Thursday, March 09, 2006


It's a pity its the start of March, as this day will surely be declared a public holiday for all eternity, a day of public celebration and private joy.

When you return home tonight, and your family look at you with tears in their eyes and say "is it true? Is it true?" , you can tell them, yes: Madonna has quit acting:

She fears her terrible acting reputation will condemn any film.

That sentence didn't actually need 'reputation' in there, did it?

According to she said: "What film can survive people saying it's going to be a bomb from the second it's announced?

"Making movies is such an effort, and to do that over and over again, with the possibility that I am going to get the shit kicked out of me - and they really enjoy doing it - I mean, it doesn't make sense.

"I have sort of let it go."

What Madonna seems to have missed isn't that people say the films are going to bomb from the off - it's that people who see them say they're going to bomb.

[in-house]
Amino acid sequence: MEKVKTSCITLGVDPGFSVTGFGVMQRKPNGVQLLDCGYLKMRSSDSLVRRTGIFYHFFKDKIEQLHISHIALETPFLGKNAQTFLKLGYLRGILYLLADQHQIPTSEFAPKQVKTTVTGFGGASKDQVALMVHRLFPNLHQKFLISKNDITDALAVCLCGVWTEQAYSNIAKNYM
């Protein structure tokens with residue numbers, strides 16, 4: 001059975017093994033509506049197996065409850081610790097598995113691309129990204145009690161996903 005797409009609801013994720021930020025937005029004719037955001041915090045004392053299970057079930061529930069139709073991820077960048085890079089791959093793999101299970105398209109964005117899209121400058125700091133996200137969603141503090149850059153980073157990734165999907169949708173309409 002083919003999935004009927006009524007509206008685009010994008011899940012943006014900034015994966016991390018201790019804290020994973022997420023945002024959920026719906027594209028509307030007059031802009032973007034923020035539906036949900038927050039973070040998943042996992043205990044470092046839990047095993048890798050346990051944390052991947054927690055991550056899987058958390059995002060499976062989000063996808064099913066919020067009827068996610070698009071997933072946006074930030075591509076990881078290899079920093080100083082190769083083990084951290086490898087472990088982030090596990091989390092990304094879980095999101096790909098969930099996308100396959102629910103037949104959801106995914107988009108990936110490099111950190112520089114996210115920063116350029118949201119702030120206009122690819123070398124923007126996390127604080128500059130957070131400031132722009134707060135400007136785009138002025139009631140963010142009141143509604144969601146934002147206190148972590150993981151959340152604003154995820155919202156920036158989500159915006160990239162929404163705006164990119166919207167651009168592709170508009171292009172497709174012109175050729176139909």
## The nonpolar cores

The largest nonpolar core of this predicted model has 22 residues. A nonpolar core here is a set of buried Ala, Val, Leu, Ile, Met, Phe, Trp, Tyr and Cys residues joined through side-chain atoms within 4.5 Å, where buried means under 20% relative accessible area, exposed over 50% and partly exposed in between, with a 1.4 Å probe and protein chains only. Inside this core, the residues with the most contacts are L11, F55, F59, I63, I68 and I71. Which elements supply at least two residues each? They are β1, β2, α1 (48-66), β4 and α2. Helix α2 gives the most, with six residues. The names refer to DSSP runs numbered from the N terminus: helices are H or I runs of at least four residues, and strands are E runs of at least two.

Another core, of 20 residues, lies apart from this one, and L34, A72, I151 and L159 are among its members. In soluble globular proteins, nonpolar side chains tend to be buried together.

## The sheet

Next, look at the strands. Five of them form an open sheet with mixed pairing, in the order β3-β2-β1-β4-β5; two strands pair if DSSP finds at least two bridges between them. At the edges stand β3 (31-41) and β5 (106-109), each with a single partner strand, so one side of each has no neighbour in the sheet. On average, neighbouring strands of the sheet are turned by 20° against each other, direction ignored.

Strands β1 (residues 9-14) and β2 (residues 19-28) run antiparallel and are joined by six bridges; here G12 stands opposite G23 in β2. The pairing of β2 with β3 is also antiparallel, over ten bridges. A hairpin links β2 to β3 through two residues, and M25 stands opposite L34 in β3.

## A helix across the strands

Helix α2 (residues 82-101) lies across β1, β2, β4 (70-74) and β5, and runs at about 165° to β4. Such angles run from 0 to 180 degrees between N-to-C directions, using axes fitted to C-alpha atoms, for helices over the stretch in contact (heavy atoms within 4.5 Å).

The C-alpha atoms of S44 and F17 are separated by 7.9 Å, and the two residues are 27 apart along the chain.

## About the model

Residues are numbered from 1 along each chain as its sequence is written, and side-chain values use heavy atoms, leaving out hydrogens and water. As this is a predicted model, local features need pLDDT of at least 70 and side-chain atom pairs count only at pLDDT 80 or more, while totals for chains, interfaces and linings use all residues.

Lets review that career in full, then:

A Certain Sacrifice (1979) - Madonna is caught up in a bizarre cult (ooh, spooky) and spends her time without many clothes on; the film only got a genuine release - oddly - after Madonna started to sell records.

Vision Quest (1985)
- another film made while the money for Jell-o and peanut butter was hard to come by; mercifully, Madonna keeps her clothes on and restricts herself to a small role as a club singer while Matthew Modine struggles to keep his enormous hair in check and romance Linda Fiorentino. Even repackaged and renamed to share a title with Madonna's hit from the film, Crazy For You, it did nothing.

Desperately Seeking Susan (1985)

The film which made us think she might be able to bestride two forms of popular entertainment - look, it never occured to us that she was just being herself and the awkward, stilted bits weren't her trying to convey the iculture-clash screwball mismatchage, but her just being stilted. Still, if she'd called it a day after this, we'd be saying "wasn't it a shame she never made any more movies, eh?"